Exercising For Better Mental Health

by Michael Corthell

When you realize that you're suffering from anxiety and depression, you may seek out medical treatment. You then will probably go to your primary care doctor to talk about meds. You may look for a therapist. You may even try to take a more holistic approach and use natural remedies. Many people will try all of these things.

''To enjoy the glow of good health, you must exercise.''
—Gene Tunney

What most people either don't know or don't want to know is that there is a way of managing anxiety and depression that is considered as powerful as many medicines. It's a method that has few side effects and could even improve your over-all health.

Medical studies have shown that physical and mental inactivity can be a cause of depression/anxiety/worry and that the opposite can help at least manage the symptoms and in some cases cure the illness. As with most illnesses the current thought is to always check with your physician before starting and exercise program.

I personally know that it can be difficult to even think about exercising when anxiety symptoms bottom you out. I felt the same way when I was a young man. But, I was surprised to discover and you may too, that exercise can make a tremendous difference in both your energy level and your outlook on life. More common sense: it is best to start gradually, if your symptoms are intense—even one or two minutes of walking in your house a few times a day is a great start. Then add to it and move forward.  

You don't have to do all your exercising or other physical activity at once either. Keep physical activity in mind, and find ways to add small amounts of physical activity as you go about your day. For example, take the stairs instead of the elevator. Park a little farther away from work (or more common sense: park furthest from the front door of the supermarket!) to fit in a short walk. Or, if you live close to your job, you may consider biking to work.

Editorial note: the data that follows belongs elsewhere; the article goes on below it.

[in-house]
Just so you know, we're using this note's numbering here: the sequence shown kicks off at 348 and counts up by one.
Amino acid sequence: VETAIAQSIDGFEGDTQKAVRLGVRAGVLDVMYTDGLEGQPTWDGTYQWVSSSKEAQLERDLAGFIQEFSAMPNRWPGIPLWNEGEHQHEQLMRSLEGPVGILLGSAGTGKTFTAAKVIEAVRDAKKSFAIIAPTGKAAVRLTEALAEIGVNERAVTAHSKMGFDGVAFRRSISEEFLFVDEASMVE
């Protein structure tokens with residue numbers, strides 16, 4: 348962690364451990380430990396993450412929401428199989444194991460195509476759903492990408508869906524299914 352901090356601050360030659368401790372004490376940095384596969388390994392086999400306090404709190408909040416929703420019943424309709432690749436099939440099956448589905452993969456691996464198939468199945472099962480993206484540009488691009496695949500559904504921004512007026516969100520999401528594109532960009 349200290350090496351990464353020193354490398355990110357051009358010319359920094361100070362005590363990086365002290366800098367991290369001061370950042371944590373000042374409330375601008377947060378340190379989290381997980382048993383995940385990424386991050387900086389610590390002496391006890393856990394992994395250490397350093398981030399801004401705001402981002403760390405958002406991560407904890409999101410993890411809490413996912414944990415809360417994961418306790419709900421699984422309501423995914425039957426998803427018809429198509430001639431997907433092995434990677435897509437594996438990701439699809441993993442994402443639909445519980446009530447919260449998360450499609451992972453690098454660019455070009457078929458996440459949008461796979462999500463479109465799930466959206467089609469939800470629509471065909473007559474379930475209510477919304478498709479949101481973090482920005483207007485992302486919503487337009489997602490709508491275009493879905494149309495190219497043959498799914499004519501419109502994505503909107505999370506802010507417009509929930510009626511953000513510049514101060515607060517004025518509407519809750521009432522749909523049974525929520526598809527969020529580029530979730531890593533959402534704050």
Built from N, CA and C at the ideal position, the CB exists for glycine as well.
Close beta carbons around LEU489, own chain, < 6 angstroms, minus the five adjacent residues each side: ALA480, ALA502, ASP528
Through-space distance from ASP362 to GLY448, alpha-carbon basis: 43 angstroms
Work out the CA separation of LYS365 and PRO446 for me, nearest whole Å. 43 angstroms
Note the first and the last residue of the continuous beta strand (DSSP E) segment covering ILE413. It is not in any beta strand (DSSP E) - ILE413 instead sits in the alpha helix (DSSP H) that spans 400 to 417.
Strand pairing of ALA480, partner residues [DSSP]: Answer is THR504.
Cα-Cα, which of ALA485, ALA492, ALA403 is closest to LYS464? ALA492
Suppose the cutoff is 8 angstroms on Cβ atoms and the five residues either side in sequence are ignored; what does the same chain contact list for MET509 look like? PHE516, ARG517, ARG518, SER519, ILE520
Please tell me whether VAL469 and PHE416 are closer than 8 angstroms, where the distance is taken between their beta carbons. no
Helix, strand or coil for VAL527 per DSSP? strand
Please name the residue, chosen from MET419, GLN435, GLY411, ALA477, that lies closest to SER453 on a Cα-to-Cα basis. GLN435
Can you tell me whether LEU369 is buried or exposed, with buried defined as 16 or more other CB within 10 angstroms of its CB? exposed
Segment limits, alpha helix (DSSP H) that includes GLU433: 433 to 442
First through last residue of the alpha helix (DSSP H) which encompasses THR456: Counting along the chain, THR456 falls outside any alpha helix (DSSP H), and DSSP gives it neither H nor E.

The Why's: 

Exercising Prevents Inactivity. Exercise is the opposite of inactivity. Common sense: if you're exercising, then the effects of inactivity on anxiety would be there. Even if inactivity didn't cause your illness, it often makes it worse.

It releases endorphins. Yes, exercise has a medicinal effect it releases endorphins into your system, which are your body's natural painkillers. Your body releases them to prevent physical activities from causing pain, but they have the side benefit of regulating mood and relaxing you mind and body.

Exercise Burns Cortisol. All most all people living with anxiety, likely have an excess of cortisol in their bodies, as a result of the stress that is associated with anxiety. Exercise eats up that cortisol, preventing many of the symptoms that lead to anxiety and worry.

It Improves Sleep. And helps with anxiety induced insomnia. More common sense. You get tired out and it becomes easier to sleep.

Exercise is a Overall Healthy Activity. Exercising regularly is one of the leading ways to achieve better health in general. Coping with the stressors of life, in part, is about making sure that you're spending time in ways that are good for your body and your mental health, and exercise is a great way of doing that.

Exercising will improve your confidence also. It also help to keep your body healthy, and good physical health is important for any mental health issue. When a persons feels good, looks good and has the energy to get things done, there is a lot less to worry and fret about.

Exercising helps put (and keep) anyone in a positive frame of mind and a positive mindset is the key to a happy and fulfilling life.

Health, Fitness and Happiness & Rules to Give You All 3

by Tony Horton

Tony is a world-class motivational speaker and the author of top-selling books “Bring It”, Crush It!” and his latest motivational book, “The Big Picture” 11 Laws that will change your life. He has appeared on countless television programs as a fitness and lifestyle expert to promote healthy living through exercise and proper nutrition.